I hope this answers your questions. Basically? As a KEY PA, you wanna have the spirit of thee 1dt AD but understand you don’t have the same authorities so you do whatever needs to be done to make his job and needs possible. You ultimately have the 1st and 2nd ADs best interest in mind.

    Things certainly change job to job and two are never the same.

    Also, THIS DOES NOT APPLY TO TELEVISION AND MOST FEATURES. In long/term projects each PA including Keys have a specific function and many times there are multiple Keys. In TV, the key pa is like the 2nd AD of 2nd team actors (stand-ins). And on films it could really be anything. This applies to COMMERCIALS, most live/multicam events and most decent-budget short-term projects.

    1. Please forgive the insane amount of typos in my last post. I have big thumbs and am using a cracked iphone

    2. Yeah, sorry, that was a previous TAPA. I’m not sure what they were thinking.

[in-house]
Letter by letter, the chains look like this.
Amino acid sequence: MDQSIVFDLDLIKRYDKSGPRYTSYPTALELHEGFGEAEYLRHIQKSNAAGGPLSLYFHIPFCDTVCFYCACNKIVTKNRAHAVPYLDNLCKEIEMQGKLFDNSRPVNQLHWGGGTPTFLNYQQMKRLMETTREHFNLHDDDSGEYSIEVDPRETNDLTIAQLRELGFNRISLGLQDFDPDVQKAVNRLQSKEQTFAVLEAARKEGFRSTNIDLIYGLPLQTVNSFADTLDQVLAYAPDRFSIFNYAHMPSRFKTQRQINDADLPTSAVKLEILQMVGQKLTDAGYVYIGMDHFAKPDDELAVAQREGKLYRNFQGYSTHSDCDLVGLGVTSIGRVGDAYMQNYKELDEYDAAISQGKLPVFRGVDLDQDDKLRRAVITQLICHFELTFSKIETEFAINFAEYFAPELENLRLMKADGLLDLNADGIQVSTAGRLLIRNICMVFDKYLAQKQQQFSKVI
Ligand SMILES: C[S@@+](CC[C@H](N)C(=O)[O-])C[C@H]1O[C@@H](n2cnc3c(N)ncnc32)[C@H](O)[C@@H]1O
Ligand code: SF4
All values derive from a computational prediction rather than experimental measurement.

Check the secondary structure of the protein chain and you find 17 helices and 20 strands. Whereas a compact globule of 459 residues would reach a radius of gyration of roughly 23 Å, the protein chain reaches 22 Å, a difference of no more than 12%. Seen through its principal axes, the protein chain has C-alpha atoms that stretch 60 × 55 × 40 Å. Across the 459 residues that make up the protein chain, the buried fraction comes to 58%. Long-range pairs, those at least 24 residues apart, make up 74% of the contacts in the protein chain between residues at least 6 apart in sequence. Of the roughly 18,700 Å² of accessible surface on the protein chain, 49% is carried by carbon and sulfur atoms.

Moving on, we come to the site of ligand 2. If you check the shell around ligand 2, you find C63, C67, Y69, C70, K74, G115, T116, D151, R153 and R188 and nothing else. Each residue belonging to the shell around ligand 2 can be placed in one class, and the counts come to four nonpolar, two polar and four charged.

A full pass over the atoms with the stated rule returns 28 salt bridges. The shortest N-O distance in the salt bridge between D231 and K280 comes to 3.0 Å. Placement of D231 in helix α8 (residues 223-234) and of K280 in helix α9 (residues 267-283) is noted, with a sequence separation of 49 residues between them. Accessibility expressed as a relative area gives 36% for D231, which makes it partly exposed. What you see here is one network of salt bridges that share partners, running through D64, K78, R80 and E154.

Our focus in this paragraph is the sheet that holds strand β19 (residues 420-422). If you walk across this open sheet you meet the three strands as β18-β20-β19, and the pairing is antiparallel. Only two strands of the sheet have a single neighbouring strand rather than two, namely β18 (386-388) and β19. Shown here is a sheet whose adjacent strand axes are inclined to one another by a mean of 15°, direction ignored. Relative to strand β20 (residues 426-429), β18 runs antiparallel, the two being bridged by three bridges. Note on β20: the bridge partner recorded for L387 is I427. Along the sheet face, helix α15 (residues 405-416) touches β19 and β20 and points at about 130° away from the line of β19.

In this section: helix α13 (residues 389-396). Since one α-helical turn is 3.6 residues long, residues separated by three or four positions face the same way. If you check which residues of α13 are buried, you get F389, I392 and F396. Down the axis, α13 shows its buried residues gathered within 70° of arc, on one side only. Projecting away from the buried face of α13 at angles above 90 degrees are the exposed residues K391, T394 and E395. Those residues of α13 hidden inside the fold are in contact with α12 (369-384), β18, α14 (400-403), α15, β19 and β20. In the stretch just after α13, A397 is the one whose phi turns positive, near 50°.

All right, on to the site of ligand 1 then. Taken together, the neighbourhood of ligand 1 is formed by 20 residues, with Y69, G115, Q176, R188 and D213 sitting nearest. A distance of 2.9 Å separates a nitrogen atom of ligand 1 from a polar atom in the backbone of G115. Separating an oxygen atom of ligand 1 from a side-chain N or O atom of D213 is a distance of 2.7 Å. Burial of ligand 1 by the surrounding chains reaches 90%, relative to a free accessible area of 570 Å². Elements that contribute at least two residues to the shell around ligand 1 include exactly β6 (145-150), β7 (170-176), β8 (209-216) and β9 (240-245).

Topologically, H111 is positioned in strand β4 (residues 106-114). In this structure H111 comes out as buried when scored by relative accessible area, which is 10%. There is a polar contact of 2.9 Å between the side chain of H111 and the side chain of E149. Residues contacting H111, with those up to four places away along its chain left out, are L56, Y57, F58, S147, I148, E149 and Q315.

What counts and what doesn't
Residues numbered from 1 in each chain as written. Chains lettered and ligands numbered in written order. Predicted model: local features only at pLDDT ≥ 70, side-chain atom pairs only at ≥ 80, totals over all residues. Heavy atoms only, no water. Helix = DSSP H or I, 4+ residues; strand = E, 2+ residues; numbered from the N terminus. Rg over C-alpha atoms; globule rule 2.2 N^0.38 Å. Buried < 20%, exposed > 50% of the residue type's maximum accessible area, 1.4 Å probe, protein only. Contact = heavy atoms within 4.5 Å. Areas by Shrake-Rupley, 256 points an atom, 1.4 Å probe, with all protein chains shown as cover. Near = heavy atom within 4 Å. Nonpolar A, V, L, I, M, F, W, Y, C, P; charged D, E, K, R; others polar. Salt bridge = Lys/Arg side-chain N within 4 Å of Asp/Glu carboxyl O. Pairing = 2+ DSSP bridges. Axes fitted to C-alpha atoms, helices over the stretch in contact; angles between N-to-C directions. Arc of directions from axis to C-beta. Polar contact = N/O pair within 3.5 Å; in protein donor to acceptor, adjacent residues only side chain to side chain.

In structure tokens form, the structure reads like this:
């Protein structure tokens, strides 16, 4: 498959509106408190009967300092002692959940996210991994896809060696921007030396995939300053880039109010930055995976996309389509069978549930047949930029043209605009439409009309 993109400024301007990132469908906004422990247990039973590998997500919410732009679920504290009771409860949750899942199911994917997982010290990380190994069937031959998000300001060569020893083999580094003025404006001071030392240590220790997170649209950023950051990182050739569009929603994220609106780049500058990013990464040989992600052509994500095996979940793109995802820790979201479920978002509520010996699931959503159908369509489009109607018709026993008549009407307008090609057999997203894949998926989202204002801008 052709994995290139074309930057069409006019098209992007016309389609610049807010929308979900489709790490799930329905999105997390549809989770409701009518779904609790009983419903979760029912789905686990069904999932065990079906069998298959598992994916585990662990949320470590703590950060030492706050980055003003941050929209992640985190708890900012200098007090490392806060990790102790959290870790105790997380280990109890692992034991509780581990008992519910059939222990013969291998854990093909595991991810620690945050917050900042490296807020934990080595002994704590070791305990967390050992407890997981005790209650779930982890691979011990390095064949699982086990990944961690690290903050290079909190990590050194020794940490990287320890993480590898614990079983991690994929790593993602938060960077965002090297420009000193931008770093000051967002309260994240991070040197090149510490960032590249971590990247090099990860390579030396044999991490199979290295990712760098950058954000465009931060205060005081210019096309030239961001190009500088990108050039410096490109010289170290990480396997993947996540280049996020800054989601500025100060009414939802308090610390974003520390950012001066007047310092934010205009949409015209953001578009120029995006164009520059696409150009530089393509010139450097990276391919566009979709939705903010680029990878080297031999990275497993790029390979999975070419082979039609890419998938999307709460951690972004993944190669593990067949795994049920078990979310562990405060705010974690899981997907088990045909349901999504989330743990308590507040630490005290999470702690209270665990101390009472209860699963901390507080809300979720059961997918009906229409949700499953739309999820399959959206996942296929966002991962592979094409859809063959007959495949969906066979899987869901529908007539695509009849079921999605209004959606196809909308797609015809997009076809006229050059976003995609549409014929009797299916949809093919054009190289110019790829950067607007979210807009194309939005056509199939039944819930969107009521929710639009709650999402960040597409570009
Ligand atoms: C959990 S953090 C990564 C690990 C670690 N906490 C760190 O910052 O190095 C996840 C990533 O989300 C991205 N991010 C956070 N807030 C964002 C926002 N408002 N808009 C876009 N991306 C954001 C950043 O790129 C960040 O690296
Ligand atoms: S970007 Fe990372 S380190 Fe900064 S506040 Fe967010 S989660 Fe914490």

2. I just finished working as a PA on a feature for the first time, and independent film that came into town. My friend from college was the Key Set when we started, but when he had to return to LA for another gig, he asked the production to promote me to his position and rate. I asked myself the same question at first, but quickly realized exactly what my job entailed exactly what you’ve talked about: coordinating PA nation. When the ADs need something done, they don’t want to talk to all of the PAs to know which one is best suited for the job. So they asked me since I was always on set, and I would know where the others were located, what tasks they were already on, and what their skill sets were. If you’re going to be a PA, it’s pretty fun to be the team leader.